Words by Matt Gabites
A big hairy bloke, who loves a beer, once bellowed. “Gimme fuel, gimme fire, give me that which I desire”
Well Papa Het have I got the band for you!
Sydney based Bloodshot have unleashed their debut six track e.p Mono Pneuma, and it contains more than enough fuel and fire(power) to stoke the desire of any metalcore fan.
Let me know when you’ve finished picking the cheese off that introduction, and we’ll get started.
The Simulation fades in with a few seconds of drums and synth type theatrics before unleashing the full force of a bass guitar that sounds as though it’s being plucked by a sledgehammer. All of this is supported by some very technical guitar licks and the sort of vocals you’d expect to hear from bands with words like, Napalm and Morbid in their titles. The chorus arrives in a flash and shows that the guy with the mike is not just a one trick pony. Moments later, a lead break flashes by that is so good you will want to hear it again just to make sure your ears weren’t fucking with you.
The song runs for two hundred seconds, and not one of them is wasted.
Haywire replaces the technical fretboard wizardry of the opener with crunching chords that are frog marched every step of the way by some brutal drumming. The song maintains an effective stop start rhythm almost all the way through, oh and did I mention it is fucking heavy?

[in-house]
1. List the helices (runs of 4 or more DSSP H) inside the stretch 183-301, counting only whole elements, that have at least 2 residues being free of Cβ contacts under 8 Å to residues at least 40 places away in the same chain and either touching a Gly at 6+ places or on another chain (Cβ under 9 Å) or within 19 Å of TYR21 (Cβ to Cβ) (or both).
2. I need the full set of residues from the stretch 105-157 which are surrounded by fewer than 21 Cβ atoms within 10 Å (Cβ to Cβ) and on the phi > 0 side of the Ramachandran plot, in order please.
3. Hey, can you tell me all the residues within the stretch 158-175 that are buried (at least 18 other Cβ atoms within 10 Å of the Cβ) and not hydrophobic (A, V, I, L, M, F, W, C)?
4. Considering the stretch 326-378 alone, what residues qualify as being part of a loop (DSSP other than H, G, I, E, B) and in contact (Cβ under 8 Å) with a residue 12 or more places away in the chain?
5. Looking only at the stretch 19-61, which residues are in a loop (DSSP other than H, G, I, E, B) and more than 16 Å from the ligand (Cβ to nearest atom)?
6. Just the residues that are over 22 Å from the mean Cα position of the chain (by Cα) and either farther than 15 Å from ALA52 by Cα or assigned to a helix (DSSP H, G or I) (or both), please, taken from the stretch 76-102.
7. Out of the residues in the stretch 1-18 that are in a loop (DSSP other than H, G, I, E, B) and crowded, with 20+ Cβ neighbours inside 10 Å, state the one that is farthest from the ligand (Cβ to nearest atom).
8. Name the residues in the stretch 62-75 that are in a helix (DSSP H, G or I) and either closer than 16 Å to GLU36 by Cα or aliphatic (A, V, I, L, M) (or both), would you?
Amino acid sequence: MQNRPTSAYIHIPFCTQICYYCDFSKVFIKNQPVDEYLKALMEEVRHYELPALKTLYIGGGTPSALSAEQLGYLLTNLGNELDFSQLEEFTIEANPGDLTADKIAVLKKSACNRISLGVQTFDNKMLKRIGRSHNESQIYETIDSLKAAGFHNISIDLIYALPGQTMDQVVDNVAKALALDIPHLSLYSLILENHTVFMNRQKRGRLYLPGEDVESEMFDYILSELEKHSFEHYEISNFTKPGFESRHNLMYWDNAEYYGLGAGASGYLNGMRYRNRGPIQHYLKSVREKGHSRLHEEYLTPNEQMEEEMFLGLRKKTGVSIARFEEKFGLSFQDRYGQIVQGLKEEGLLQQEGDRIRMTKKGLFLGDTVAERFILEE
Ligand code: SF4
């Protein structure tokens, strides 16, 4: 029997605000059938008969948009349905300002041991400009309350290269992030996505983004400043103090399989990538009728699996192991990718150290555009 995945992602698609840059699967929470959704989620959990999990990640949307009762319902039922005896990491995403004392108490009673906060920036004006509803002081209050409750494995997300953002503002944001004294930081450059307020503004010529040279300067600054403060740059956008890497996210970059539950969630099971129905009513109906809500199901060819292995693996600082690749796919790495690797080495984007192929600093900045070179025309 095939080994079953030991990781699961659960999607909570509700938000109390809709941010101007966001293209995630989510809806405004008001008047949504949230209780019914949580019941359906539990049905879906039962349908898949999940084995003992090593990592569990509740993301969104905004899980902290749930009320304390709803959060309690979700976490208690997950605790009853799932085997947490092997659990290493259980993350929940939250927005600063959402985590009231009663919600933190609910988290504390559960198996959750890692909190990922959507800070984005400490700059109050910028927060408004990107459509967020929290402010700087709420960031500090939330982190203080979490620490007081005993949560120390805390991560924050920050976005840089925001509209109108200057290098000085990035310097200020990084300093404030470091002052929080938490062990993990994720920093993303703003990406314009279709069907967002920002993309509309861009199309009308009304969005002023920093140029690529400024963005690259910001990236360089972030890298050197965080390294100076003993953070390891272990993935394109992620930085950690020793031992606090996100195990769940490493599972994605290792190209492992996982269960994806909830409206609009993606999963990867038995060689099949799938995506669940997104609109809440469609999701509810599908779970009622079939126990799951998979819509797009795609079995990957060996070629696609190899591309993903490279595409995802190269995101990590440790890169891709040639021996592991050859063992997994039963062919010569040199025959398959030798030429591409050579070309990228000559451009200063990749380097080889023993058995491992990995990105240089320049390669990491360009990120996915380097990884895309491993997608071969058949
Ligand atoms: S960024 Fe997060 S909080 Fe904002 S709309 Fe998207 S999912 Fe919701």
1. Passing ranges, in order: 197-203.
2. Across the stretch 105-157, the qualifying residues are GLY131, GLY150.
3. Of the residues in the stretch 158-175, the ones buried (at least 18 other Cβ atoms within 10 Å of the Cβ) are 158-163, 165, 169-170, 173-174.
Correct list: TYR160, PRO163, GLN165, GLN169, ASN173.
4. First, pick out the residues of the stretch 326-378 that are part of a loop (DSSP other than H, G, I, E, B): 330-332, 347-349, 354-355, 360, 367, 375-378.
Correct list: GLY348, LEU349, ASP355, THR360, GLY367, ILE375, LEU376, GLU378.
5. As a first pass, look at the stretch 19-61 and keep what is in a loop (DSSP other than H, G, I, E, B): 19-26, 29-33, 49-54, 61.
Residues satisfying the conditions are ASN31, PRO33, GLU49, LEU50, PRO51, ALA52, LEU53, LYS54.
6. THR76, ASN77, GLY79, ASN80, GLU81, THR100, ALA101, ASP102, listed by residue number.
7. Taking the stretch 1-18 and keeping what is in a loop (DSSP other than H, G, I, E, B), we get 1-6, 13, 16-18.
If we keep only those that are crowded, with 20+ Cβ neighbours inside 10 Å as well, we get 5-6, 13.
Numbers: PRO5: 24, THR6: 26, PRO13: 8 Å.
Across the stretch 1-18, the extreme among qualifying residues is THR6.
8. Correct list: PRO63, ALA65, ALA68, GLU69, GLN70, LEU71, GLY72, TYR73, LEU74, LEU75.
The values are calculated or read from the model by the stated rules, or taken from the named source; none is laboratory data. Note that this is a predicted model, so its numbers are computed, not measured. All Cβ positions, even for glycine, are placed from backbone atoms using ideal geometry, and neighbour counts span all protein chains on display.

Distention picks up where Haywire left off, but quickly moves into the kind of territory that Fear Factory inhabited during its more propulsive, heyday moments. And the addition of gang vocals in and around the chorus will play out brilliantly live.
Guitars are to the fore for the opening salvo of Vendetta, leading into yet more double kick and bass guitar savagery. By the time we reach the chorus, which is preceded by some seriously guttural vocals, the Fear Factory comparison returns as Emad Ghaffar sings clean and nails it.
There is a helluva lot going on during Defy Dismay, and it says a lot about Bloodshot that they can pull it off. Starting off with the heaviest stomp intro you can imagine, harassed in the background by an air raid siren riff before normal service is resumed with foundation shaking bass, drums and vocals. Quirky guitar notes float in and out after the initial onslaught, and the technical ability of every band member is well and truly on show. Leading us into the last minute or so, where ‘crushing’ doesn’t begin to do it justice.
Final song Anima does a great job of bookending how this all started a mere fifteen minutes earlier, with drums, guitar and vocals held back in the mix before blasting forth. And blast it does, through its chaotic verse, right on into an equally bombastic chorus. Then, just as you think things can’t get any heavier, a monstrous, fitting ending awaits.
It probably says more about my age than anything else by name checking Fear Factory as opposed to the band’s nominated influences, being Polaris, Northlane and Alpha Wolf. Who (if I’m being honest) I thought were the
names of Elon Musk’s triplets…
But this is seriously good. If Mono Pneuma were a movie character, it would be Christian Bale from The Machinist, zero fat, not a moment is wasted. And it sounds sensational thanks to the production values on offer.
Provided they don’t ‘Self Destruct’, as bellowed by that hairy bloke who loves a beer, Bloodshot has a helluva lot to look forward to, as do we.